The method we learn for compound interest is used whenever we have an amount that is increasing by a fixed percentage more than once.
The typical example of this is money held at the bank in an interest bearing account, but it can also be used for questions considering a loan borrowed from the bank at a fixed rate of interest, or the increase in population of an animal over several generations and in other circumstances.
The formulae we use for compound interest, which must be memorised, are:
where F = final amount, P = principal amount, R = rate of interest, n = number of time periods, I = Interest earned and Ip = percentage interest earned.
Let’s analyse the parts of the formula.
So, the right hand side of the equation starts with just P. This is the amount of money deposited in the bank at the start, called the principal amount.
Then we multiply this principal amount, which reflects the impact of the interest. We multiply it first by . The 1 represents 100%. Multiplying by this would leave the principal amount unchanged. The represents the amount by which the principal increases due to the interest. The sum of these two amounts gives the total amount held at the end of the period. Note that if we are given an example where the principal amount is reducing over time, then instead of R, we will use -R.
But because there is more than one period, we need to multiply by this more than one time. This is done using the power n in the formula, representing the number of times we multiply by this multiplier to get to our final amount.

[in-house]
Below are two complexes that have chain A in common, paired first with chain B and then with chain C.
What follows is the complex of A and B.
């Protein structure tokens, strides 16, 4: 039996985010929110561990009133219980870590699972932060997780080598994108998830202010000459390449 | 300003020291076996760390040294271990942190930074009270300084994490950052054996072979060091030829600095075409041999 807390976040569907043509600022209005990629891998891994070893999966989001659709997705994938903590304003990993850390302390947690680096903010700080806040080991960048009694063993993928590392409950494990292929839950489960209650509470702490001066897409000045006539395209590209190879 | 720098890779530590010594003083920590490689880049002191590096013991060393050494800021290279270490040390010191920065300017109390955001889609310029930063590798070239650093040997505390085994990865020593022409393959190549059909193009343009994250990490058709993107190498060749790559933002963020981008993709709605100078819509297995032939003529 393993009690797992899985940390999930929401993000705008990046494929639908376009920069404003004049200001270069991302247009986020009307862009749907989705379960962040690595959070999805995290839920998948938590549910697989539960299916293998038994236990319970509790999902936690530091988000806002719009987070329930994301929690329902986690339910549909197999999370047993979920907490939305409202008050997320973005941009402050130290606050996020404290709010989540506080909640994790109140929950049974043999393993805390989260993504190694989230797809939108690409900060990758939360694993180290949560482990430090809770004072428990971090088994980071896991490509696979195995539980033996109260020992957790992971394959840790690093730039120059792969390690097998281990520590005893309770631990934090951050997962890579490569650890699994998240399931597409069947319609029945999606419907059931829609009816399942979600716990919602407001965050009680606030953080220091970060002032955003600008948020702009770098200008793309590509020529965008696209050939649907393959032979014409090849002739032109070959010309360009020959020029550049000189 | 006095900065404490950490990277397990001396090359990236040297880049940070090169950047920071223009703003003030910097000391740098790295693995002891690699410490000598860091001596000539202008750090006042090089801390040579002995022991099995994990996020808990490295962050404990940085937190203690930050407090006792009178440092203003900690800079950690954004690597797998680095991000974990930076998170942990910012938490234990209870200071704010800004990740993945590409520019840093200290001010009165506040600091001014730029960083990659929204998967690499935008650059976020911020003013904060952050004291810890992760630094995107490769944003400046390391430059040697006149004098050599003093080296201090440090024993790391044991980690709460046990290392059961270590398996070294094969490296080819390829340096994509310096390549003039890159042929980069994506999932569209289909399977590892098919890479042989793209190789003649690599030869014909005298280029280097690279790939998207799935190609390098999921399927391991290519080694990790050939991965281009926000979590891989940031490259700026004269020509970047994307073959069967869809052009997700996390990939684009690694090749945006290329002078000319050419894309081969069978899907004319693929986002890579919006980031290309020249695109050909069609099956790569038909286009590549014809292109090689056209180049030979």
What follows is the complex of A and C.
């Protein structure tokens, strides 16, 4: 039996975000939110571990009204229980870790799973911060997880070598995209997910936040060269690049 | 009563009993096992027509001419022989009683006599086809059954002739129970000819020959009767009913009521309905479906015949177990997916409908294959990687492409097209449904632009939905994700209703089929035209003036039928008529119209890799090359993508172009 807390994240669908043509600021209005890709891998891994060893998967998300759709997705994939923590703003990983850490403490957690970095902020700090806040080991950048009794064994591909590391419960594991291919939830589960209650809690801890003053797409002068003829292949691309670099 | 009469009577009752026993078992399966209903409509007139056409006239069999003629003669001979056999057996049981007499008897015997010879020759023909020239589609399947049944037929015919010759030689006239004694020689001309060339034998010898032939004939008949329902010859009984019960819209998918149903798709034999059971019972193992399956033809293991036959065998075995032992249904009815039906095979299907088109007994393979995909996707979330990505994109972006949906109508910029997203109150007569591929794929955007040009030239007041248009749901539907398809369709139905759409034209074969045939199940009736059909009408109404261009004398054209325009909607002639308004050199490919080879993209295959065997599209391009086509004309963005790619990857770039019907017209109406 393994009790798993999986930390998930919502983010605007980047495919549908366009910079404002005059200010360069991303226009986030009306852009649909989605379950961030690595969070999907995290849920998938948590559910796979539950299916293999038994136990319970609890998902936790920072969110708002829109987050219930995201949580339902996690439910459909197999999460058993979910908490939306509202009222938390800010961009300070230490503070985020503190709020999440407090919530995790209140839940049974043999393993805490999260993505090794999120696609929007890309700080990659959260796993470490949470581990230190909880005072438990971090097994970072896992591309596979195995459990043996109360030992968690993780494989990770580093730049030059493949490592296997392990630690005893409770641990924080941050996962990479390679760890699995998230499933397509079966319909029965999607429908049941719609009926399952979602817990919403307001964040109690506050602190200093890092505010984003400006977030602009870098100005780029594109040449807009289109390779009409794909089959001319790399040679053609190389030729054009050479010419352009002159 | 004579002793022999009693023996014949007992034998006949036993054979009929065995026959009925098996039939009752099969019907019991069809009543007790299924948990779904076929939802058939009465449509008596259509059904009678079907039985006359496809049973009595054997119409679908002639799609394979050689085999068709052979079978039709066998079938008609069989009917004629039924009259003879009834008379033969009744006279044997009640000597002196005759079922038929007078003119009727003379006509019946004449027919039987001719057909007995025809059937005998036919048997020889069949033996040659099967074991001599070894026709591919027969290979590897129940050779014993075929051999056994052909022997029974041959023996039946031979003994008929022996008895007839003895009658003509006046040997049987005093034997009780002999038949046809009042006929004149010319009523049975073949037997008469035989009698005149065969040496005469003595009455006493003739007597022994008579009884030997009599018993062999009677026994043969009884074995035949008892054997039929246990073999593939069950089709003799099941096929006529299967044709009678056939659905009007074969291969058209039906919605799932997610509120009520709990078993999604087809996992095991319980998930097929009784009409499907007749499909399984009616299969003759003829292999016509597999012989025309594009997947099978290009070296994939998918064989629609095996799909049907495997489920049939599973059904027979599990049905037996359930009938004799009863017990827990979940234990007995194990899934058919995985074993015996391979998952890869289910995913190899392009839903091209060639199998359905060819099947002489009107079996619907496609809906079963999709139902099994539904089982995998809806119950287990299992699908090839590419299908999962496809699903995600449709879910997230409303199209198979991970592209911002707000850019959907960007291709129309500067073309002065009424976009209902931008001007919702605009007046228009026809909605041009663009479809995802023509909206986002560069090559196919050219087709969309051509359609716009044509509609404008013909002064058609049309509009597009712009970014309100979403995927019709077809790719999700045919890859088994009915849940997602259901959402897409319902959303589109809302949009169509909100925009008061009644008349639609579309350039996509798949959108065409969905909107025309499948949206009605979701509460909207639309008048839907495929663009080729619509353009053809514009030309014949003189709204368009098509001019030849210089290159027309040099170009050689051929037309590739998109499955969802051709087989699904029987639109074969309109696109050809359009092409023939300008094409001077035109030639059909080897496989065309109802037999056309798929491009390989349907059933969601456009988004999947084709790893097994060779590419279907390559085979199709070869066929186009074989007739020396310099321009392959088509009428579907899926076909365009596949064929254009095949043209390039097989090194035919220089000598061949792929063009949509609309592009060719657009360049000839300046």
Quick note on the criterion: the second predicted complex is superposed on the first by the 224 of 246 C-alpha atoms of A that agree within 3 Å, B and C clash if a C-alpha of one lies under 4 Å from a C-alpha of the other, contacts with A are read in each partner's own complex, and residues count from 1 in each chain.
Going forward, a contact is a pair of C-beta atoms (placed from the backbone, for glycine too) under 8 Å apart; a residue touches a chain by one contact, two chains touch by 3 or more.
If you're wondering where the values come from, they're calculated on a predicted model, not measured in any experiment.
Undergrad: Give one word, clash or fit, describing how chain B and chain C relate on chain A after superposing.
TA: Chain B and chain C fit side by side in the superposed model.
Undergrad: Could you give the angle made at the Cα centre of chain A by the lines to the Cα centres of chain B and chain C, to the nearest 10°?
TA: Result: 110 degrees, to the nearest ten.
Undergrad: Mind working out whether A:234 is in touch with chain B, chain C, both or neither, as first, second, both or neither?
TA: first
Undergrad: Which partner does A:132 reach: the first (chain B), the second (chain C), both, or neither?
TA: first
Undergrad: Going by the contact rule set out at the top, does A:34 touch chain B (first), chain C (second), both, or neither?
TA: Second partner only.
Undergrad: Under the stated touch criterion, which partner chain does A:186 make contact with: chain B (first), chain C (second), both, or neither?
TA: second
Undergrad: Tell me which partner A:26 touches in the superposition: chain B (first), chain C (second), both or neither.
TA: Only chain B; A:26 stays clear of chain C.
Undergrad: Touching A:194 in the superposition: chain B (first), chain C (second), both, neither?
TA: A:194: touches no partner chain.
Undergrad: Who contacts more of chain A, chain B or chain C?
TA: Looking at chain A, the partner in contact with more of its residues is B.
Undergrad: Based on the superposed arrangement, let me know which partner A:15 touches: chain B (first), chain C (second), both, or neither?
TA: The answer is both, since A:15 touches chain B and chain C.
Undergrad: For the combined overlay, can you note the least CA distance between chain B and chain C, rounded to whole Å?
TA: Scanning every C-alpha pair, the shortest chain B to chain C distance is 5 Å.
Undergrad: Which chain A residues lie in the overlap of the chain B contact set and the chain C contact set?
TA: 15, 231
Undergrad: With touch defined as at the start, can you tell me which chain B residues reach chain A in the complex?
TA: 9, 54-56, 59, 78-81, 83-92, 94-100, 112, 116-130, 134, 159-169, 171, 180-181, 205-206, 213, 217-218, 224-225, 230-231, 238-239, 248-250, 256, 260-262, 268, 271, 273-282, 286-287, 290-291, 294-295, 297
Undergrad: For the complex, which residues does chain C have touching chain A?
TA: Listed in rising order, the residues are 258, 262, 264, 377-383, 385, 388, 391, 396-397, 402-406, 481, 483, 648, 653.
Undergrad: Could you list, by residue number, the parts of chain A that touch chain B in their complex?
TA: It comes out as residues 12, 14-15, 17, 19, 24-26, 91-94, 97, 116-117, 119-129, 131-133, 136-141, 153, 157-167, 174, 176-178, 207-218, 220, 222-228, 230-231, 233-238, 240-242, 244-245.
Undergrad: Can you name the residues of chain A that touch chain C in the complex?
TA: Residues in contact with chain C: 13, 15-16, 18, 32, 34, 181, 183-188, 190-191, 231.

As with all formulae in mathematics, we will typically be told the value of some of our variable amounts (i.e. F, P, R, n or I) and asked to find the value of an unknown variable amount (i.e. F, P, R, n or I).
1.) £1,500 is invested at 5% p.a. compound interest. What will the investment be worth after 4 years?
2.) A sum of money invested for 5 years at a rate of 5% interest, compounded yearly, grows to $2,500. What was the initial sum invested?
3.) €100 is invested subject to compound interest at a rate of 8% per annum. Find the value of the investment after a period of 3 years.
4.) The value of a new computer system depreciates by 30% per year. If it cost £1,200 new, what will it be worth in two years time?
5.) Dasha spent £2,000 on her credit card, which charges interest on a monthly basis. She noticed after a year that the amount she owed had doubled to 40%. What interest rate is her credit card charging?
Note: For questions (1b), “calculated as a flat rate” means that the interest is not compounded, but just charged once at the end of the two years.
9.) Masha puts £1,500 into her bank account. She notices that it pays interest yearly. After 4 years she gets an email from her bank account telling her she has already earned £300 in interest. What percentage interest does the bank account pay?
10.) Sasha buys a brand new PS5 for $500. After two years his mother notices that his grades in mathematics have deteriorated and that he spends most of his time in the evening playing on his PS5. She tells him that he must sell it to buy more maths textbooks. He advertises on Facebook but finds that he can only get $200 for it. At what percentage rate has the PS5 depreciated?
q10.) 36.8% per year